The Back Pack Health Worker Team (BPHWT) was founded to empower local communities to provide primary healthcare services to underserved populations in conflict affected areas of Burma, particularly in areas that international humanitarian organizations cannot reach. The formation of the BPHWT was led by Dr. Cynthia Maung, who has served as chairperson since its inception. Dr. Cynthia, a Karen physician who fled Burma as a result of her involvement with pro-democracy activities, initially established the Mae Tao Clinic in 1989 in Mae Sot, Thailand, for the thousands of students also forced to escape Burma at that time. Over the years, the clinic has developed into a comprehensive healthcare facility offering a wide variety of services, as well as medical and public health education training hundreds of healthcare workers.
In 1996, responding to increasing Burma Army attacks in eastern Burma and a worsening humanitarian crisis, Dr. Cynthia began sending mobile medical teams to provide primary health care in Karen, Karenni, and Mon States in eastern Burma. These teams were separately organized by the Mae Tao Clinic, ethnic health organizations, and individuals, and worked independently. In 1998, Dr. Cynthia and the Burma Relief Centre began to organize meetings of Mon, Karen, and Karenni health workers who desired to become more united and organized in providing care in their home communities just across the border. Recognizing the benefits of collaborating to standardize healthcare services throughout Eastern Burma, they agreed to work together to provide health services to vulnerable populations in conflict affected areas, while still providing care through clinics already established by their respective health departments across the border. A year later, this group of health workers formed the core of the BPHWT. The BPHWT was initially made up of 32 teams and 120 health workers serving a target population of 66,000 people in Mon, Karen, and Karenni States.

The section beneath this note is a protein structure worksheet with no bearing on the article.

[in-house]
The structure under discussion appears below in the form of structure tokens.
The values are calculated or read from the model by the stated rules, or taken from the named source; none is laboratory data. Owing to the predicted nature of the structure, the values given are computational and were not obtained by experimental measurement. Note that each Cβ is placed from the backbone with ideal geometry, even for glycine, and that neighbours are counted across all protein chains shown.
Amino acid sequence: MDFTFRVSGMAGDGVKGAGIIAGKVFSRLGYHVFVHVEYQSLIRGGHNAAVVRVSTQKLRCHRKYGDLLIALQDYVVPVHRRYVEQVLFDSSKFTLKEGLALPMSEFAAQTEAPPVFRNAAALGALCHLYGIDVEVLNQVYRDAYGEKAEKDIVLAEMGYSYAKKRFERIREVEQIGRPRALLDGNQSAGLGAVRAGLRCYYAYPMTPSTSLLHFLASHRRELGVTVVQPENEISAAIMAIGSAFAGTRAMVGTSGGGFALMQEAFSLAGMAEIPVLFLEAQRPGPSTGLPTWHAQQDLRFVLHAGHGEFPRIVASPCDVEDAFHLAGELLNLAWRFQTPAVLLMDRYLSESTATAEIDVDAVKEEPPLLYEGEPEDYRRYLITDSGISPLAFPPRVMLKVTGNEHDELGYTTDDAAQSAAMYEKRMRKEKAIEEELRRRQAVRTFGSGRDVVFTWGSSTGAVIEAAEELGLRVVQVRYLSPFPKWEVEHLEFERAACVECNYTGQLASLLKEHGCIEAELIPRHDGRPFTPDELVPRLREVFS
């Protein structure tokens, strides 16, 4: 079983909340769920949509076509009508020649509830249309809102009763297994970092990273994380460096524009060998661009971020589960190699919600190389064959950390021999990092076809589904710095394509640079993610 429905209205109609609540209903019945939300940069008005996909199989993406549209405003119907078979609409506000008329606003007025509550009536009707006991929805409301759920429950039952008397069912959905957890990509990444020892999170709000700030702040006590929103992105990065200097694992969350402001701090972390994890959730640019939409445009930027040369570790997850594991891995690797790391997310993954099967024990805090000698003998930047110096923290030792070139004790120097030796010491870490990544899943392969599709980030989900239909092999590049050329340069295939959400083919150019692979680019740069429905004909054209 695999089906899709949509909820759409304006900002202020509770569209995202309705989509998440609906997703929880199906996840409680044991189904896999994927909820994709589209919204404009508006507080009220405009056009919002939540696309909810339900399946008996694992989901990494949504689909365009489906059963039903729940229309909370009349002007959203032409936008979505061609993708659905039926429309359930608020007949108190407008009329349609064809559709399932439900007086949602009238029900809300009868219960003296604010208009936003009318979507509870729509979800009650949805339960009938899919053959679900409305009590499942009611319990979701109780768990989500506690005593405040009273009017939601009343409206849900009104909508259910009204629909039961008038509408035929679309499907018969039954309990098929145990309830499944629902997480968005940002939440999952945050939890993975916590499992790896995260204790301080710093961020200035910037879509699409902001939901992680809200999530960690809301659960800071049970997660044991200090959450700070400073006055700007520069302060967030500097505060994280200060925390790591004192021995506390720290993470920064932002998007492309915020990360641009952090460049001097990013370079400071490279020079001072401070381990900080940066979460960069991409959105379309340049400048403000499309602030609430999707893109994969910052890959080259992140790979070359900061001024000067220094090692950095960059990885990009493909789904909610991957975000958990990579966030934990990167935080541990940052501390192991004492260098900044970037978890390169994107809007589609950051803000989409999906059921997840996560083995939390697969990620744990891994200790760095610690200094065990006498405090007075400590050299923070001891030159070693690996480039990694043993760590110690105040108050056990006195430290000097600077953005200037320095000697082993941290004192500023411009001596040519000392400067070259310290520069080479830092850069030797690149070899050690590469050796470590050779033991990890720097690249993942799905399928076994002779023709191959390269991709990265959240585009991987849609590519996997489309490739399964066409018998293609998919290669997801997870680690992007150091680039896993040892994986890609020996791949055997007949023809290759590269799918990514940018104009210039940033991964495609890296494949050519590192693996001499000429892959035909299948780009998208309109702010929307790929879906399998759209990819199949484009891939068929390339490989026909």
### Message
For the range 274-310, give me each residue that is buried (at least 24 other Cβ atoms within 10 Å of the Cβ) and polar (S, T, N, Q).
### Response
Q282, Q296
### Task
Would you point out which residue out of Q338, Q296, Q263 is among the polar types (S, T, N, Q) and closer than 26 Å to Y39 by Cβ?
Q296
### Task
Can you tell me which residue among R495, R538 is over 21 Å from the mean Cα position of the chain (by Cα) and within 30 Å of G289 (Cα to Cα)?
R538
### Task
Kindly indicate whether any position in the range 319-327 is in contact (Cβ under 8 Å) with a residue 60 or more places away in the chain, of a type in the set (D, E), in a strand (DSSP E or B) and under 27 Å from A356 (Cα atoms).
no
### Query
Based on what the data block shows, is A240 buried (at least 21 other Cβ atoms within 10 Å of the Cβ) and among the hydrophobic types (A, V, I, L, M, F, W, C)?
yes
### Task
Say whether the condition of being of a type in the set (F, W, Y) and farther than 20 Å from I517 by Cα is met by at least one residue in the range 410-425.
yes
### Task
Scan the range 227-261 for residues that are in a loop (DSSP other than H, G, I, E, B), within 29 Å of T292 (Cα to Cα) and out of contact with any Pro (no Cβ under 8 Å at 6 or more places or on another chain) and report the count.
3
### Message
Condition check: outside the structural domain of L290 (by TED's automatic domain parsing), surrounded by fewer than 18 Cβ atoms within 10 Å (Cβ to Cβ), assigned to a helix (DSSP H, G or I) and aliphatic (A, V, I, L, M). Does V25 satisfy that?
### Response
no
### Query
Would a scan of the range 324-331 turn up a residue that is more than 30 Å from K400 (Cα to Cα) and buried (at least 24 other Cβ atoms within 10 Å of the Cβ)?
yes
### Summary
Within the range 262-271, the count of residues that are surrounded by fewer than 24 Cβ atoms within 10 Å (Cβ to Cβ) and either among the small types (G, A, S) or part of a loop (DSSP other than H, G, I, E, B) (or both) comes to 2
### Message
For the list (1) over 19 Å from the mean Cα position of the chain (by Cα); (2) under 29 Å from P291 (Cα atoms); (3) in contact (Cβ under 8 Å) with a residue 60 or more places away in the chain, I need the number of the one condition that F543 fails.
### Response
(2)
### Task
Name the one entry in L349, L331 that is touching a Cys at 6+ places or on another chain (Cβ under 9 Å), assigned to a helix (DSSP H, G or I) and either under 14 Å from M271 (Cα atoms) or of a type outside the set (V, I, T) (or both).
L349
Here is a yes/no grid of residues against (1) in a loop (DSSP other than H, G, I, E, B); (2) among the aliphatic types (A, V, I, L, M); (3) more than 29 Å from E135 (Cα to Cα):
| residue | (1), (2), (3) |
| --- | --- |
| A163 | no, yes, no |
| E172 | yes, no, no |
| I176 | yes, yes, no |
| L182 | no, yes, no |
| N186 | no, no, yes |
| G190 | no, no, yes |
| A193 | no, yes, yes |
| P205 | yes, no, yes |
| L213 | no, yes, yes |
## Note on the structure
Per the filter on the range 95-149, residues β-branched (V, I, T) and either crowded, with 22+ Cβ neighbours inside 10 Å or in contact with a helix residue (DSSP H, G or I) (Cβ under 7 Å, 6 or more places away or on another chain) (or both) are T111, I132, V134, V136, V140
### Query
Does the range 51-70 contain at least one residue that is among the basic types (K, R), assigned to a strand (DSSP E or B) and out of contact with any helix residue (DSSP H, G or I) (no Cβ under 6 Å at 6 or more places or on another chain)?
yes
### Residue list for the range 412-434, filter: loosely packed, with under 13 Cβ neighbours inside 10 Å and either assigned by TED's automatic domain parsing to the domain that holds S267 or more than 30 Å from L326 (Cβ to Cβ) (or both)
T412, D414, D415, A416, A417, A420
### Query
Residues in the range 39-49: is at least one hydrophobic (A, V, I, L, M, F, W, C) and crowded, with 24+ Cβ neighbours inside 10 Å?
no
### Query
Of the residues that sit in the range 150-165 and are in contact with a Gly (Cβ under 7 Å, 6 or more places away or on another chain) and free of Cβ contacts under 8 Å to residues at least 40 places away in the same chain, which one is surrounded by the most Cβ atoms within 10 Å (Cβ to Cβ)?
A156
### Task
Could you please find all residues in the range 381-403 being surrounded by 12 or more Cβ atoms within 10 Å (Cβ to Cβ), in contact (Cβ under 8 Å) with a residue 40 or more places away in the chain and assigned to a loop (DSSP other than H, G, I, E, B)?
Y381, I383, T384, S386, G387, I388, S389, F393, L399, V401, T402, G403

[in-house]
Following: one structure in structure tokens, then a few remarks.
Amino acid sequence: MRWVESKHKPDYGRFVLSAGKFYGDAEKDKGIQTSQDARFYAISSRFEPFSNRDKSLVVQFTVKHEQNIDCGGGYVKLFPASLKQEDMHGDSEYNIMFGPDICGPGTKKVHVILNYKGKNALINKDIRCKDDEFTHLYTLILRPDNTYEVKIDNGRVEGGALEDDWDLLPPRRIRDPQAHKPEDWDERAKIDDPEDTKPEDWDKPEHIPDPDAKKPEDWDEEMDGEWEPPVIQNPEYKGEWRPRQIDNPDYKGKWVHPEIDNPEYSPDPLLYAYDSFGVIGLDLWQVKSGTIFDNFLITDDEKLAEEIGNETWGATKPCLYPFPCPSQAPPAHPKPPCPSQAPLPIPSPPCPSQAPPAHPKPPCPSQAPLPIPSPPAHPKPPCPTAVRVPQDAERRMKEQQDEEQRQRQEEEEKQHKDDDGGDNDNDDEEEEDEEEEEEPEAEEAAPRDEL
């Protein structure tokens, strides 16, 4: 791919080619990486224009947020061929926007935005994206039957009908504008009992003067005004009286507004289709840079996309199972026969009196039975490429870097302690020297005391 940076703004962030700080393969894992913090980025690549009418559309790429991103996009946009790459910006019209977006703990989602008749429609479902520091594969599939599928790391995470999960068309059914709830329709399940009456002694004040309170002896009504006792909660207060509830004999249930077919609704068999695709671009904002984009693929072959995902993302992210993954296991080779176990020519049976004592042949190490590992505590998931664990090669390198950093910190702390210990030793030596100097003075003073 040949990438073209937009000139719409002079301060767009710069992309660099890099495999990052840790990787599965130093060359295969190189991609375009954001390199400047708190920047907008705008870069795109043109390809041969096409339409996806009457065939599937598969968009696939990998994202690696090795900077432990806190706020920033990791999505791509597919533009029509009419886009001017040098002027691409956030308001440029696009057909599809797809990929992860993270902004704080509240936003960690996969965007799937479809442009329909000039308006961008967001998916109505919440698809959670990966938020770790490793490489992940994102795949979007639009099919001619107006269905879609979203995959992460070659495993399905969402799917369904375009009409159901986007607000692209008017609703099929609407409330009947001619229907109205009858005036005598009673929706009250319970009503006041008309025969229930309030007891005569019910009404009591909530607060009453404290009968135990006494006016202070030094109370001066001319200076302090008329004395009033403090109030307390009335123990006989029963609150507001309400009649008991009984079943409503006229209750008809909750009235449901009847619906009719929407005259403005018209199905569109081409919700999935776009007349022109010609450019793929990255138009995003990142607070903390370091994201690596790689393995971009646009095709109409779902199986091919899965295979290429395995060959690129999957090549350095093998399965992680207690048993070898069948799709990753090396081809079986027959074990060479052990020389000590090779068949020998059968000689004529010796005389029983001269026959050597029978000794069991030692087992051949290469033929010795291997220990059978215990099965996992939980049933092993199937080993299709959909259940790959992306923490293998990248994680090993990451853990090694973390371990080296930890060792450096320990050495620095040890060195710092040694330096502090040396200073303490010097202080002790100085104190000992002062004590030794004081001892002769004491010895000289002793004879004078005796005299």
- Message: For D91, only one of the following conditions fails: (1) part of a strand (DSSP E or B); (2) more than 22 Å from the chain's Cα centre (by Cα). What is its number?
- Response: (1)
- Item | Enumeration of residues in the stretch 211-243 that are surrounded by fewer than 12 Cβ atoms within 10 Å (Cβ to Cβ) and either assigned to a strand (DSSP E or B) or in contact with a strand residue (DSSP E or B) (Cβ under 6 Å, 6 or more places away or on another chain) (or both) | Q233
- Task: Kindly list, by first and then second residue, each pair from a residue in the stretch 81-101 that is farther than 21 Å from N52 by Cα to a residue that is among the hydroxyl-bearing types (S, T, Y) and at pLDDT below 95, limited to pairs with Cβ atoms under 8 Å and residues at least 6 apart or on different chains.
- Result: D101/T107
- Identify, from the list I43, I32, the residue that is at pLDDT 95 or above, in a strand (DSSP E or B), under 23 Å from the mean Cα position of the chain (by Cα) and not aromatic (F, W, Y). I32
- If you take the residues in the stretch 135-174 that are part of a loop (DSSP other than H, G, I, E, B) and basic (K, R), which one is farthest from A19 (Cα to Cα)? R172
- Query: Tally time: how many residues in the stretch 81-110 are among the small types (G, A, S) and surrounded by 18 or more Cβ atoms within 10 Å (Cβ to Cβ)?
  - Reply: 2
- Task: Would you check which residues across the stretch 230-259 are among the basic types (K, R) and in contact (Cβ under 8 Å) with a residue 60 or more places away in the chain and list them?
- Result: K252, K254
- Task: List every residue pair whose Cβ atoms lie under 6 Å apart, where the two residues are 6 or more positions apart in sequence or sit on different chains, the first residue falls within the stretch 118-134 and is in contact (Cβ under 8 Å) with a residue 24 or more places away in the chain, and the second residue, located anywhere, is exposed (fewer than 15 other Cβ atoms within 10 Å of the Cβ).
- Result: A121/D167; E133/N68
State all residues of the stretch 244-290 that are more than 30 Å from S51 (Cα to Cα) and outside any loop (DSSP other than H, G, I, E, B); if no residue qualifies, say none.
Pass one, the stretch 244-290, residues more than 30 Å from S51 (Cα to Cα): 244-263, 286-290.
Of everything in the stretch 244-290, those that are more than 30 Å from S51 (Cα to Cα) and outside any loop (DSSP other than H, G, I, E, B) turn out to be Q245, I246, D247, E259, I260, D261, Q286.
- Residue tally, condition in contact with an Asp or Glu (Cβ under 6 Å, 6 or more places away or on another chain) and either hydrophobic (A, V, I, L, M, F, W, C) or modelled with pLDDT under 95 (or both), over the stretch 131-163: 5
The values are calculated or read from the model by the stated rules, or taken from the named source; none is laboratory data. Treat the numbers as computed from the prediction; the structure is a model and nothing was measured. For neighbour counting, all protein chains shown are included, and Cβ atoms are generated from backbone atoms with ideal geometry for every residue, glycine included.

BPHWT strives to provide assistance based on community needs. Providing assistance in this manner requires respecting the traditions and culture of each community, utilizing local resources, collecting data in order to assess the unique needs of each community, seeking community feedback, and partnering with other local organizations that provide health-related services in Burma. Health workers, traditional birth attendants, and Village Health Volunteers/Workers are from and work in their home communities, and therefore speak the local language and are familiar with the health issues and risk factors particular to their area. The training and skills, which these staff and health workers develop by working with BPHWT, empower them to improve the health of their own communities as well as other communities in Burma.
BPHWT promotes a system that relies on community-based human resources. As community members continue to increase their health knowledge and capabilities, they are more able to serve as health resources for their communities, thereby reducing reliance on clinic-based and BPHWT services over time, and ensuring communities’ ability to protect public health at a grassroots level. BPHWT continually provides training, supplies, and support, but it is the local populations who become more empowered and take charge of providing healthcare for their own communities.
So from our past of 32 Back Pack teams, the BPHWT now has 100 teams with 380 health workers and a network of 1,050 traditional birth attendants, village health volunteers, and village health workers serving a targeted population of approximately 225,000 people in Karen, Karenni, Mon, Shan, Kachin, Chin, and Arakan States and portions of Pegu, Tenasserim, and Sagaing Divisions of Burma. The BPHWT has occupied, and will continue to occupy a unique position in providing primary healthcare services to displaced and vulnerable populations in Burma, while at the same time, building a long-term, locally-sustainable, primary healthcare infrastructure for Burma. The BPHWT looks forward toward the day when its health workers become an integral component of a viable healthcare system in a federal union of Burma with peace, justice, and equality for all of its people.